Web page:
The Early Development of Latter-day Saint Women’s History

An Interview with Jill Mulvay Derr



This piece is half of an interview conducted by Cherry B. Silver on August 8, 2019, in the BYU Studies offices. The second half of the interview was published in BYU Studies Quarterly 59, no. 3. Many thanks to Laurel Barlow for transcribing the recording.

Silver: Jill, we are grateful that you entered the field of women’s history, but it might never have happened. Will you describe your background and how you made the transition from educator to research historian?

Derr: Thank you, Cherry. I grew up in Salt Lake City and graduated from the University of Utah in English; I then went on to the Harvard Graduate School of Education and took a master’s degree of arts in teaching. I taught in the Boston public schools for two years, and while I was living in the Cambridge area, I heard Maureen Ursenbach [Beecher] give a lecture. Leonard J. Arrington had recently become Church Historian, and Maureen had signed on with him as an editor in the new History Division.1 One of her first assignments was biographical research on Eliza R. Snow. So, the Boston women who had initiated an institute class to study Latter-day Saint women—Claudia Bushman, Laurel Ulrich, and others—invited Maureen to come and talk to them about what she had discovered about the life of Eliza R. Snow. Claudia made an open invitation to everyone in all the Cambridge wards to attend. I hadn’t been affiliated with the Boston women’s group—I was single, and most of them were married—but I went to that lecture. It was stunning to me. I had no idea that this person Eliza R. Snow had been such a prominent, accomplished figure. I was blown away. I remember asking Maureen, “How did you find all this out?” She talked about her work in the History Division, and that was essentially that.

I had already decided, after two years of teaching, that I would return to Salt Lake and get a teaching job in Utah. But once I returned, I couldn’t find a job in the schools. Then another associate from Cambridge, Kathryn Hansen [Shirts], told me about internships in the newly organized Church Historical Department.2 They were looking for young scholars, and without a job, I thought I could at least work as an intern during that fall. I went to the east wing of the Church Office Building and had a wonderful conversation with Church Historian Leonard Arrington and his assistants, Davis Bitton and James B. Allen. When they hired me to work with Maureen on Eliza R. Snow, I couldn’t have been more thrilled. My initial assignment was to work on Eliza’s poetry. I started with her two volumes of poetry, then began going through the Woman’s Exponent, the Deseret News, and the Juvenile Instructor—everywhere I might find and collect her poems. I had a little box that held 3″ × 5″ index cards. We were being very scrupulous about supplies, so these were not new cards but old library catalog cards that I turned over. For each poem, I typed the title, its first line, and the place where it had been published. I kept adding sources to the card if I found the same poem in other publications. That was the beginning of the poetry project and my acquaintance with Eliza Snow.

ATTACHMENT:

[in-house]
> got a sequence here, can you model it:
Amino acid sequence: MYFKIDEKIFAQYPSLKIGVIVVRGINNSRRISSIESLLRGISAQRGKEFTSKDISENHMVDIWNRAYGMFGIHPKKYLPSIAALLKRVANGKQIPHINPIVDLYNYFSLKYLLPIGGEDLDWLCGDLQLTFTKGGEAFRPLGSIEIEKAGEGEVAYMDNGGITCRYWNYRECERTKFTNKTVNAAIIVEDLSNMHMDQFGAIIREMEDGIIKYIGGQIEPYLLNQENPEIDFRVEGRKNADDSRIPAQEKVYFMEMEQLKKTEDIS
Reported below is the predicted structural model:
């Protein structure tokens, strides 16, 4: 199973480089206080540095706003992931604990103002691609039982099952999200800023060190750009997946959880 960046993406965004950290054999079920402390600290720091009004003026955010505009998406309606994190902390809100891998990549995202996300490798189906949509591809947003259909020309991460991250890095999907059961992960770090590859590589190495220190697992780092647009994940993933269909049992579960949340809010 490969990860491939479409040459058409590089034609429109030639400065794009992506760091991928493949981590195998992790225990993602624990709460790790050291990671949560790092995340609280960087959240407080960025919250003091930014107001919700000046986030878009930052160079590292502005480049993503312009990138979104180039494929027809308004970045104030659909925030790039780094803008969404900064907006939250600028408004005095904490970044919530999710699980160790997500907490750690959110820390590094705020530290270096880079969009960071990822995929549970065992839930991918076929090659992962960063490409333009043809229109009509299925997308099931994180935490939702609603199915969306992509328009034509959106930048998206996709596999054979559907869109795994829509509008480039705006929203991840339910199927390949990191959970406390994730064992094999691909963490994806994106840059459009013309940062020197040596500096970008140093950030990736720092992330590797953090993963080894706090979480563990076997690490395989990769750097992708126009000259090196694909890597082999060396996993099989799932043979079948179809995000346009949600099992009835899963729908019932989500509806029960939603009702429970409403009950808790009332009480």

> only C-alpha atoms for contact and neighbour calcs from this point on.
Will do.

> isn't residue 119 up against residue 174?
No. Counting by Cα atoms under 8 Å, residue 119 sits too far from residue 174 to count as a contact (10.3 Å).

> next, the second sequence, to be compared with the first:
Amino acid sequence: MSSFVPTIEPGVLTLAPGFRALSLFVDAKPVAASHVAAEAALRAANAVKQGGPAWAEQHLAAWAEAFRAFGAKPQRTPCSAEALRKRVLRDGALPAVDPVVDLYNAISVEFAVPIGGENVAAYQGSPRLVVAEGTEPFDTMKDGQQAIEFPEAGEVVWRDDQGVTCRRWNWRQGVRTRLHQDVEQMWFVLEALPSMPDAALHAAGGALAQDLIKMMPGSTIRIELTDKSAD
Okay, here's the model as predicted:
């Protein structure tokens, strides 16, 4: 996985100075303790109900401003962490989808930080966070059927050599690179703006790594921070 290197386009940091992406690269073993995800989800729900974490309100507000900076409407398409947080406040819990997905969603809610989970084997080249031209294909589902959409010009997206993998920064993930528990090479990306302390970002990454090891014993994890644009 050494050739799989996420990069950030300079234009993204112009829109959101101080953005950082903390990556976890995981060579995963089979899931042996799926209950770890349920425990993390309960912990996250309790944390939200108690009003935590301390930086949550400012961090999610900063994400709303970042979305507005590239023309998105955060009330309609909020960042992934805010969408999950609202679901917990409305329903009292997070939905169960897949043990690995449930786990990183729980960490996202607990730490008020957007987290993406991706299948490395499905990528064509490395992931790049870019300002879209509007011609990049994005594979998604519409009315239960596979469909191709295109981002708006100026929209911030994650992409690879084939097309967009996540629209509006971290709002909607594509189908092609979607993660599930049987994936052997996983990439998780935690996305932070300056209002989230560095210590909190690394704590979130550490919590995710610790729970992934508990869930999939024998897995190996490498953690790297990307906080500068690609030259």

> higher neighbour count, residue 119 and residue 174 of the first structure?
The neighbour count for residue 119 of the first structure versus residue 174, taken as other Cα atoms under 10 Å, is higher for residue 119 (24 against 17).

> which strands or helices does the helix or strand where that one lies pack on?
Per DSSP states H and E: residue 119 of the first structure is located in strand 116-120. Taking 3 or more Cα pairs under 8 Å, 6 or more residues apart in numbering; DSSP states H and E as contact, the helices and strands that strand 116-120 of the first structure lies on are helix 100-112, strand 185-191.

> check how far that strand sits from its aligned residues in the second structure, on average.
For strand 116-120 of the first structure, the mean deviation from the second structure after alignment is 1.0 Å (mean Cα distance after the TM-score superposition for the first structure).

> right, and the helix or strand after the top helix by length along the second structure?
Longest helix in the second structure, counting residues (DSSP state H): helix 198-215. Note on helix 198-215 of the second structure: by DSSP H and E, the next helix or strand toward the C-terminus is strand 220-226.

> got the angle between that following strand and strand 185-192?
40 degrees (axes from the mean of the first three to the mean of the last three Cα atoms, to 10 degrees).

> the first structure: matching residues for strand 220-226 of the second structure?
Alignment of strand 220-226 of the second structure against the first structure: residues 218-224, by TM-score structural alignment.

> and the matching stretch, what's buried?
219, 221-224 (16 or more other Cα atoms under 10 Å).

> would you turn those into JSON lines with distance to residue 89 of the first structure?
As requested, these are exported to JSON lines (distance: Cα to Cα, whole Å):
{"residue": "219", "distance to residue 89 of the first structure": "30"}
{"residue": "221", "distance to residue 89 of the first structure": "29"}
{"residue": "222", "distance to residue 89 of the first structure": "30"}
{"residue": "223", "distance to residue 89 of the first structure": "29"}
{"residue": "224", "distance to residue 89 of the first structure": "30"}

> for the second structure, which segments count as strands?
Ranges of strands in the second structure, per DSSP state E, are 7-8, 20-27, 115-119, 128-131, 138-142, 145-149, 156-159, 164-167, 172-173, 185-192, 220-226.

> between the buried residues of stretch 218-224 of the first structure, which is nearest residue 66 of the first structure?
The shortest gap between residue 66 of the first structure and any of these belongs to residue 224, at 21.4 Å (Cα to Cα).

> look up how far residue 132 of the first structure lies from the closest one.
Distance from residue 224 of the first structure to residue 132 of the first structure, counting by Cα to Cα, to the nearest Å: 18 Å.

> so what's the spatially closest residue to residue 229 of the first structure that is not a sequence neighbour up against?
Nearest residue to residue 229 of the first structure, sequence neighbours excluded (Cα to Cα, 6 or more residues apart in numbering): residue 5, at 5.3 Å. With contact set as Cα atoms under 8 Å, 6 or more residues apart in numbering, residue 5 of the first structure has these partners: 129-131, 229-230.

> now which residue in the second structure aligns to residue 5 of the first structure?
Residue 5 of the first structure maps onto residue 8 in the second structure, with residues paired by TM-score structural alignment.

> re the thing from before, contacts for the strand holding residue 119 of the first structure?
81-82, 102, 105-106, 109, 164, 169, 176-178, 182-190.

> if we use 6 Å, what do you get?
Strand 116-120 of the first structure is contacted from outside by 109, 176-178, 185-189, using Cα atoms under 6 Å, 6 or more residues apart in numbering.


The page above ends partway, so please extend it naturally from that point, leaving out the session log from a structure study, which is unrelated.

Silver: And how happy for all of us that the research came to fruition, some years later, in the form of a volume of Eliza’s collected poetry.3 You had some other assignments while employed in the Church Historical Department. Tell us about those.

Derr: I was, as many of us start out, a checker of footnotes, footnotes for the then-forthcoming book assembled by the Boston women and compiled and edited by Claudia Bushman: Mormon Sisters, published in 1976.4 I checked footnotes for the essays in that book and also added an article of my own. Since I had been teaching school, I did a piece on Latter-day Saint schoolmarms.

Silver: That book has been very useful to many of us.

Derr: When my internship was finished, I was given a full-time position in the History Division in connection with the newly funded James H. Moyle Oral History Program. My work on Eliza continued, but as part of the oral history program I had the opportunity to do many interviews with women leaders. I interviewed Belle Spafford and LaVern Parmley, both of whom had recently been released from their long-term service as General Presidents: Belle Spafford as president of the Relief Society and LaVern Parmley as president of the Primary. That was an eye-opening assignment for me. It plunged me into the Relief Society Magazine, which I loved. This was, as you can see, sort of on-the-spot training. I was looking through the Deseret News, the Woman’s Exponent, and other periodicals searching for the poetry of Eliza R. Snow, and I was also delving into the Relief Society Magazine to look at Belle Spafford’s life. She became a member of the Relief Society General Board in 1935 and was released as president in 1974, so my research and interviews provided great exposure across many decades, and I loved it.